It is nearly impossible to have a conversation about mainstream rap music today without mentioning Future. The 33 year-old Atlanta native who began his career quietly churning out quality free mixtapes (Dirty Sprite, Streetz Calling, Astronaut Status) and penning sleeper hits (“Racks” with YC, “Tony Montana” with Drake, “Same Damn Time”) with an off-kilter approach to auto-tune is now an A-list celebrity and one of hip-hop’s most influential stylists. His transition from Atlanta rap mainstay to Apple-Music-endorsed hit machine did not happen overnight. Hardcore fans considered his 2013 studio album Honest a creative compromise, and his relatively low output in the year following that project gave some spectators the impression that his star was dimming.
Then on October 31st 2014, Future released Monster. Over beats by some of Atlanta’s brightest young producers (Metro Boomin, Southside, TM88, DJ Spinz, DJ Plugg, Nard & B), he sounded hungrier and more wounded than ever. He followed up Monster with two more album-quality free mixtapes, Beast Mode (produced in-full by Zaytoven) and 56 Nights (produced nearly in-full by Southside). Both releases were fully formed conceptual projects with runaway hits (“March Madness”, “Trap N*ggas”, “Real Sisters”, “Lay Up”) and rich deep cuts (“Diamonds from Africa”, “No Basic”, “Peacoat”).
Future capitalized on the popularity and influence of this mixtape trilogy by releasing Dirty Sprite 2, a masterful for-the-fans studio album that showcased his many forms, from wistful autobiographer (“Blood on the Money” “Kno the Meaning”) to triumphant club dweller (“Stick Talk” “Freak Hoe”).
The man has continued releasing music at an astonishing pace, quickly following DS2 with Purple Reign, EVOL, DJ Esco’s Project ET, and now the back-to-back studio albums Future and HNDRXX. While Future’s post-DS2 output includes dozens of great songs (“Too Much Sauce”, “Perky’s Calling”, “Ain’t No Time”, “Married to the Game” etc.), some fans and critics find themselves pining for a definitive statement of 56 Nights or DS2 caliber.
Future and HNDRXX are not that, but they are nonetheless two engaging albums by one of the most gifted and innovative rappers working today. Future embraces the boastful, aggressive persona he embodied on much of Monster and 56 Nights, with a few poignant outliers towards the album’s conclusion (“When I Was Broke”, “Feds Did A Sweep”). The mood of HNDRXX is closer to that of Beast Mode, with Future softening his delivery and crooning about the joy and anguish of romance.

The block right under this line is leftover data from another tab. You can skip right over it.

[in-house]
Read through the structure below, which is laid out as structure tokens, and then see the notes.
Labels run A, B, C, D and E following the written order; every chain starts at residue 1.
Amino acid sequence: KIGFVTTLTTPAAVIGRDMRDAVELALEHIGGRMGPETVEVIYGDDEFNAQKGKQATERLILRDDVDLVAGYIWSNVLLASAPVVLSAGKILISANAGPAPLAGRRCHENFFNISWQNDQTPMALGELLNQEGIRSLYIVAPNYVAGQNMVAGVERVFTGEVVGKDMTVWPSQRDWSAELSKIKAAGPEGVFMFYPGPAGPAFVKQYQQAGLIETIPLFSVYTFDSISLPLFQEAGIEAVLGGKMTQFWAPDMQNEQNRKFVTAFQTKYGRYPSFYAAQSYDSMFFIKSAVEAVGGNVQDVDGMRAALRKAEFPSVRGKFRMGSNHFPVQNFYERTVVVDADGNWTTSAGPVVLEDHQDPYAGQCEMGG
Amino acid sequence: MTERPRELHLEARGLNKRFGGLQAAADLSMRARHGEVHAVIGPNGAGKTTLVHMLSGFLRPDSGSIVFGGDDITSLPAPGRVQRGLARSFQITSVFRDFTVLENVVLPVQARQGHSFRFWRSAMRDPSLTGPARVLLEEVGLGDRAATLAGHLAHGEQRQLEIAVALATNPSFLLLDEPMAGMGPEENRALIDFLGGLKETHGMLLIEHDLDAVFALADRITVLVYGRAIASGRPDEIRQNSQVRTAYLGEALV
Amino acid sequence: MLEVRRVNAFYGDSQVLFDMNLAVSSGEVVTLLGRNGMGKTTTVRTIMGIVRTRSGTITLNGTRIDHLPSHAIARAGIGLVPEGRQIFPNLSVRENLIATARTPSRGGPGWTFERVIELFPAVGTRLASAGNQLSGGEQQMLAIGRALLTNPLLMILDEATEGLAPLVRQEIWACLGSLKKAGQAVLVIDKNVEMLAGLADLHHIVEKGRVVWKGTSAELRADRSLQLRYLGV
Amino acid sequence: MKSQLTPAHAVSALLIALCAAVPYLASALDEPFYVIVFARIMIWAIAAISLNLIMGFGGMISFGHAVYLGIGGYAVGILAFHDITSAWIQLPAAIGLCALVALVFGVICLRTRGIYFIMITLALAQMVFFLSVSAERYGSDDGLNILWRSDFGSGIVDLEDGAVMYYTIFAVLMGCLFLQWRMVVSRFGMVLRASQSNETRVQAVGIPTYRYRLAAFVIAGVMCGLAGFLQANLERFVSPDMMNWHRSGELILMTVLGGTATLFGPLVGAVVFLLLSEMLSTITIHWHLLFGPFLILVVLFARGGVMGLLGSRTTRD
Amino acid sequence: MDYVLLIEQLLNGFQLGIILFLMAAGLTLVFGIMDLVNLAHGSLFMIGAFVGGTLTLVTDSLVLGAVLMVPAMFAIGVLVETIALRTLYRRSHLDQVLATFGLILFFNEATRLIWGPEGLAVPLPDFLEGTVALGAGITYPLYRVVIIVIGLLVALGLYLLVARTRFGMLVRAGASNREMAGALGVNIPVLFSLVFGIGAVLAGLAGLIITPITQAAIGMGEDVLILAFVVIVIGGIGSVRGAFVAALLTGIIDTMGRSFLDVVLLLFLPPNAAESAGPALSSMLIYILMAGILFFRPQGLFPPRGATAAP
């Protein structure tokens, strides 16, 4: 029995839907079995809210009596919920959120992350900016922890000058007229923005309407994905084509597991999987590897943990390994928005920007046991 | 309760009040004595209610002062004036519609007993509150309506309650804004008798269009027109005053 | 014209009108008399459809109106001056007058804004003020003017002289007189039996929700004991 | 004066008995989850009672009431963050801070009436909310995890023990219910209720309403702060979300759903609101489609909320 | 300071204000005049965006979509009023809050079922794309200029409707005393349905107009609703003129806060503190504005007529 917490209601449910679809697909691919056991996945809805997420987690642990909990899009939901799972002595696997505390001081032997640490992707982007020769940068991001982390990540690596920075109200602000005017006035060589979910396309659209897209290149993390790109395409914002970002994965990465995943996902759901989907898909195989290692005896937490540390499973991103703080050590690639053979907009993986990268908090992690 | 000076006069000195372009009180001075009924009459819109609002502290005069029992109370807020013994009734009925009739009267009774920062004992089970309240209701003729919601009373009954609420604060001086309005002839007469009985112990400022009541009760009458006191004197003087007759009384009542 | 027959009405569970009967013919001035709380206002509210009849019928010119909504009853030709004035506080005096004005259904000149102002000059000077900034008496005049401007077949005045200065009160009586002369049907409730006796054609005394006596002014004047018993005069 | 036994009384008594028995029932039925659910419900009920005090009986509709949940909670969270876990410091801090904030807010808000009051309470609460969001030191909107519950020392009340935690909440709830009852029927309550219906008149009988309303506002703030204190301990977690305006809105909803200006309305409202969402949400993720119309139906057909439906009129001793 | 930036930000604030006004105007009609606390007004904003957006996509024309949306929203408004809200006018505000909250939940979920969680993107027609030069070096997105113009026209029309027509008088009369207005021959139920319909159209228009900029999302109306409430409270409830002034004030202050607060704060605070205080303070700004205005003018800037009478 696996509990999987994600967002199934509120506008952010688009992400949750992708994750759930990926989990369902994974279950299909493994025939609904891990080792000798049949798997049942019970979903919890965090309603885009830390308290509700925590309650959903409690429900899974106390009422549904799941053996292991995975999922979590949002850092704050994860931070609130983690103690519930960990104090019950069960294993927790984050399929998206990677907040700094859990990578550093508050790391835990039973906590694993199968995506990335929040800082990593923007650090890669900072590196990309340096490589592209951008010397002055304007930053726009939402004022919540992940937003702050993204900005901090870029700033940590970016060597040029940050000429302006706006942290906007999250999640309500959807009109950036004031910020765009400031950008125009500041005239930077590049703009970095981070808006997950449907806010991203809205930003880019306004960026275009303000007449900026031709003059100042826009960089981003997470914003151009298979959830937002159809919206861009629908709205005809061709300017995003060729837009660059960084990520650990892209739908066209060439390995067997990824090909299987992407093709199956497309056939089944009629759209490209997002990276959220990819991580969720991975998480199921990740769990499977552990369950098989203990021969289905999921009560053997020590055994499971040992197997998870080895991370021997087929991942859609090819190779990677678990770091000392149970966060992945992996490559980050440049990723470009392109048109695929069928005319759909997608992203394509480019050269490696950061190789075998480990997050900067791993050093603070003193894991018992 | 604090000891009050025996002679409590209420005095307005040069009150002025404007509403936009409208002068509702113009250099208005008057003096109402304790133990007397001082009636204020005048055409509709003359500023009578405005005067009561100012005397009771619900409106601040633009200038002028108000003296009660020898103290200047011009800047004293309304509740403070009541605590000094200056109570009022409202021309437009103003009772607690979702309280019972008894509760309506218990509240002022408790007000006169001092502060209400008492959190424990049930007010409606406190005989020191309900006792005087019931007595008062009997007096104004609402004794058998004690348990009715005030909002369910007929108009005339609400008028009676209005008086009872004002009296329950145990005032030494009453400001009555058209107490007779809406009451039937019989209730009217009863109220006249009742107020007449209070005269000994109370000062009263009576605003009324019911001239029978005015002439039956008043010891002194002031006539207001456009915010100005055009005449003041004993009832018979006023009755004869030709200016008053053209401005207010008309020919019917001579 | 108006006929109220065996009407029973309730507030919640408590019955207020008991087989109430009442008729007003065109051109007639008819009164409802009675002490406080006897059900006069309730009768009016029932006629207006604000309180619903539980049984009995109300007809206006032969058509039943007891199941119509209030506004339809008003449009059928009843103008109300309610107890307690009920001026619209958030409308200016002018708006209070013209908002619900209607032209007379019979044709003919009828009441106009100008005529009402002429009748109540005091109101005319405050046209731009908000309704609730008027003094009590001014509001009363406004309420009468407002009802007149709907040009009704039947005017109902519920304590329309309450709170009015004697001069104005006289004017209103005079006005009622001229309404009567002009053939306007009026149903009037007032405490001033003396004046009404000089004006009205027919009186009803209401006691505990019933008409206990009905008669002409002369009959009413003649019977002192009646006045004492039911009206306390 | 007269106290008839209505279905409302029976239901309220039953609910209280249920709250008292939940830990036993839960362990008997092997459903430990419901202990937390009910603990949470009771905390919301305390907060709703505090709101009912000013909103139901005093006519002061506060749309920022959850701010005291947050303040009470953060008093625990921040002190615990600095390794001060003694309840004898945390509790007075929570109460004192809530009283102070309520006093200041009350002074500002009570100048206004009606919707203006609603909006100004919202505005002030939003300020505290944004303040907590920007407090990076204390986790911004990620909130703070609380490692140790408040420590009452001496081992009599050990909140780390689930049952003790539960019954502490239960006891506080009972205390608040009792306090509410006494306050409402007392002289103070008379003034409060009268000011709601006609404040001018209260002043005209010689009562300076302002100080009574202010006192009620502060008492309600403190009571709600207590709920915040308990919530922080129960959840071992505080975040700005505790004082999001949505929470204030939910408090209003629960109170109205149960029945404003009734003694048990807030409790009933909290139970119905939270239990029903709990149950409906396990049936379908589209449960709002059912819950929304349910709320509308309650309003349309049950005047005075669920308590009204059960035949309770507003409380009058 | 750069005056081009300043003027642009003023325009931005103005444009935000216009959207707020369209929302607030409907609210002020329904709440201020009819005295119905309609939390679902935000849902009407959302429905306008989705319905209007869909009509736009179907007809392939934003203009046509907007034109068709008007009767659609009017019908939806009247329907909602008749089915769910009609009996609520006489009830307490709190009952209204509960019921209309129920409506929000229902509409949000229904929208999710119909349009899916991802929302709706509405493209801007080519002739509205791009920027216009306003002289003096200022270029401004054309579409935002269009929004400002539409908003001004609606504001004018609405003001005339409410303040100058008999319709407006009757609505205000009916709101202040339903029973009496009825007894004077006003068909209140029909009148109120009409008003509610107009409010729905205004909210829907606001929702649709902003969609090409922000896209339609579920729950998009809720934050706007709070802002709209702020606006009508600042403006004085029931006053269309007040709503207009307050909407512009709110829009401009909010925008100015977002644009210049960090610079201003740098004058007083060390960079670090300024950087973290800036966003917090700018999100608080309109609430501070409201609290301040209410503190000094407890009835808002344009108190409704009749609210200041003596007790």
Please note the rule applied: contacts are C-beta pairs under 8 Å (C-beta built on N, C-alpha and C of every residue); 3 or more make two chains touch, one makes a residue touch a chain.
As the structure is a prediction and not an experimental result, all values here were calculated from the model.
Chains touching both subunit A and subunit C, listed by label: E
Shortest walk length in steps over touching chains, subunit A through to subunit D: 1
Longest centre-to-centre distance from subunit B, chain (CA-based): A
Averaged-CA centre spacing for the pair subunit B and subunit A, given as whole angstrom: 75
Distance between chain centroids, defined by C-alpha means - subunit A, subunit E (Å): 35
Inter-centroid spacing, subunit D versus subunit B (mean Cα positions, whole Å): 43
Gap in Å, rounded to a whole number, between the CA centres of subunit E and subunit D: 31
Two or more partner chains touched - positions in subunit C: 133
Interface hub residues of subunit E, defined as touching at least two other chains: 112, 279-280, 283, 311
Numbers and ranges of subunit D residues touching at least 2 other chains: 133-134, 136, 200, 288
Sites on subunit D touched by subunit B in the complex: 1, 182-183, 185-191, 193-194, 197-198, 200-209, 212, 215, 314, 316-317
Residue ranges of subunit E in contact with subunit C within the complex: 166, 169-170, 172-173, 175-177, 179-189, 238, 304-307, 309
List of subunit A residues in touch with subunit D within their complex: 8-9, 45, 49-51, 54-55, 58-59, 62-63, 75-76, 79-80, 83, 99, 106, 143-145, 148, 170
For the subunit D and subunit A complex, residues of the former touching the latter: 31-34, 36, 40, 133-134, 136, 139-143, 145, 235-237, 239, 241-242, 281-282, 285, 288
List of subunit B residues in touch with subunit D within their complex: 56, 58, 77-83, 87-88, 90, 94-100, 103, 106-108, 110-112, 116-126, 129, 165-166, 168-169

Neither Future nor HNDRXX manage to sustain the energy that invigorated his 2014-2015 mixtapes, which were 12 songs or less a piece, over the course of 17 songs. It is an unfortunate reality in the era of streaming services that labels and artists have financial incentives to release longer albums for more streams.
Some diehard fans will dismiss the Future/HNDRXX combo for their excessive length or Future’s somewhat diminished level of energy. But for the vast majority of curious listeners, there are plenty of infectious anthems and strong showcases of Future’s songwriting skills on these projects.
Future is the more accessible album, relying on heavy bass and 808s, and it contains more bright spots than HNDRXX. “Mask Off” is already a standout hit, and songs like“Draco”, “Might As Well”, “Zoom”, and “I’m So Groovy” are taut displays of the ATLien’s effortless knack for writing one-liners and melodic cadences that stick.
The production on HNDRXX is riskier, but the risks are mostly for the worse. Songs like “Fresh Air” and “Never Miss Lost” border on melodramatic, and the unhurried tempo of the production can make the album feel like a slog when consumed as a whole. Still, Future’s talent shines through at various points (“Coming Out Strong” with the Weeknd, “Lookin Exotic”, “Incredible”, “Selfish” with Rihanna, “Hallucinating”), and none of the songs register as offensively bad or corny.
That is the ultimate triumph of Future and HNDRXX. They may not stand up to the artist’s best work, but they just became the first pair of albums by the same artist to reach #1 on the Billboard charts over back-to-back weeks. The success of these albums represents the momentary triumph of an unlikely generational icon, an Atlanta rapper/singer/auto-tune warbler who overcame poverty and incarceration, over a predatory music industry that was once reluctant to acknowledge him.
Even if he’s releasing overlong albums for streaming royalties or doing songs with Maroon 5 and Arianna Grande, Future has made few if any creative compromises in his solo work. His content, with all of its rough edges and brutal honesty, has not been smoothed out or censored by his growing fame (it is difficult to imagine any label executive instructing Future that “Percocet, molly, Percocet” should be the hook for his album’s lead single). And he is still enlisting the same group of Atlanta producers that have helped craft and evolve his sound since 2011. Both of these albums, especially Future, are worthy contributions to an enormous body of work that has both defined and influenced the current generation of hip-hop. Anyone who has appreciated Future’s music in the past should find something to appreciate here.
FUTURE – FUTURE – 8/10
FUTURE – HNDRXX – 5/10
- Jack Ellis